The onset of the pandemic in early 2020 had a particularly chilling effect on Manhattan’s residential rental market, with median rents declining precipitously as vacancy rates spiked. And while the market in sales was slightly more resilient based on prices and sales figures, residential purchases were also far from immune to the pandemic’s impacts.
Now, after a frenzied recovery that began in 2021, the residential markets in the Big Apple may finally be entering a period of equilibrium, with tapering leasing and sales, and steadying levels of vacancy and rental concessions.
With a tip of the cap to the Eagles and their 1976 hit “Life in the Fast Lane,” Manhattan realtors are preparing for a still spirited, if less torrid, pace in 2023.
Outrageous parties, heavenly bills: Growth comes in larger and luxury units
Both the rental and purchase markets have been buoyed in their recovery by a shift in demand toward larger unit sizes, which have significantly higher price points on both an absolute and per-square-foot basis.
The trend towards flexible or hybrid work schedules for many workers has resulted in increased demand for larger units, particularly three-bedroom units, and although rents for all three-bedroom configurations declined sharply during the early days of the pandemic, the lower supply of three-bedroom units relative to that of one- and two-bedroom units has resulted in more durable rent growth for larger units.
Indeed, rents for three-bedroom apartments continue to grow on both a year-over-year and month-over- month basis, while rent growth for one- and two-bedroom apartments has flattened out.
Meanwhile, significantly higher prices in the for-sale luxury and new-development markets, which increased markedly as a percentage of total sales as the market began its recovery in April 2021, are likely skewing the overall purchase market higher.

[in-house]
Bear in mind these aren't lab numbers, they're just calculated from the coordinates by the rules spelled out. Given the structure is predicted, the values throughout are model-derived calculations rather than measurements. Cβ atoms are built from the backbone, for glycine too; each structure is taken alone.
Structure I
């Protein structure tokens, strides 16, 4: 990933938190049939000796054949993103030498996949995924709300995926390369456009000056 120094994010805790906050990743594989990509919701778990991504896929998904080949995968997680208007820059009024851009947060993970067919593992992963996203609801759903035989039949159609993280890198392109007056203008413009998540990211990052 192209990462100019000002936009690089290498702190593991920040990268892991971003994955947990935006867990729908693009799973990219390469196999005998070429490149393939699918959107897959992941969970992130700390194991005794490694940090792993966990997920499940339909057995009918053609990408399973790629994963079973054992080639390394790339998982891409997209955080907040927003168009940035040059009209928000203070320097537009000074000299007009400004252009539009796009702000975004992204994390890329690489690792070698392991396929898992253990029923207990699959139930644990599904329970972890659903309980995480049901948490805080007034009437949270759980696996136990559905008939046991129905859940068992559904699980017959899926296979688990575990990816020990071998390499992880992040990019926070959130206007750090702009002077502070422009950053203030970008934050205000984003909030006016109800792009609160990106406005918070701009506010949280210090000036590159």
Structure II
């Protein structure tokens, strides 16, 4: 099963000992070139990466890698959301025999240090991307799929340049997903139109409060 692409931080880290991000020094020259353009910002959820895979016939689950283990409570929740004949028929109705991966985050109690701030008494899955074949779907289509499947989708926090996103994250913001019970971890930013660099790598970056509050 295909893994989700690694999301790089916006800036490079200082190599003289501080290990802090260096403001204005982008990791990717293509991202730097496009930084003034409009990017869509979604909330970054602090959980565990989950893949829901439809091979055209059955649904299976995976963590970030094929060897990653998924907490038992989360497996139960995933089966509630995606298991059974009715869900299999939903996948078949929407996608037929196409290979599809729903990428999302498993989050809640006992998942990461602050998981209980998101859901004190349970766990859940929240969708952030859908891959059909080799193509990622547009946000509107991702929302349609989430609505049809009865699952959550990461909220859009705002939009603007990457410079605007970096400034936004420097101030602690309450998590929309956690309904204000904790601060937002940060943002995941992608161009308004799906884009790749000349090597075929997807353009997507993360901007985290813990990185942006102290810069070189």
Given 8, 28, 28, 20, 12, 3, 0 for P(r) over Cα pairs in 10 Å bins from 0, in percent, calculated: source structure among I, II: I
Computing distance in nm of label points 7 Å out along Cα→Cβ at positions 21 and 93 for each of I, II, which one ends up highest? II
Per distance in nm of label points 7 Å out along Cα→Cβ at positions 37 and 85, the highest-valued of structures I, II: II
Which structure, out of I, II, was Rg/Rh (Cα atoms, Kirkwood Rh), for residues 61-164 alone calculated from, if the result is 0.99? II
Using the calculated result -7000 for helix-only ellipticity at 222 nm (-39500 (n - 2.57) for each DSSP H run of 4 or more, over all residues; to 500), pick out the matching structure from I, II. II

We’ve been up and down this highway: Putting it all together
The UBS Chief Investment Office (CIO) believes the aforementioned new-development capacity is likely not an issue. Manhattan has new construction of just 1.3% of current inventory in progress, the bulk of which is in the for-rent market. The combination of very high land and construction costs; nonrenewal of the 421-a, 421-g, and J-51 tax abatement programs; and a more challenging political environment is likely to keep new capacity limited—something that should help keep the market reasonably balanced.
Barring a major negative liquidity or geopolitical event, CIO does not expect a severe reversal in Manhattan sales prices. That said, both the sales and rental markets are showing signs of softening, in light of macroeconomic uncertainties, high interest rates, and elevated unaffordability.
Read the original report, Manhattan residential real estate: Life in the (less) fast lane, 1 December 2022.
Main contributor: Jonathan Woloshin
This content is a product of the Chief Investment Office (CIO).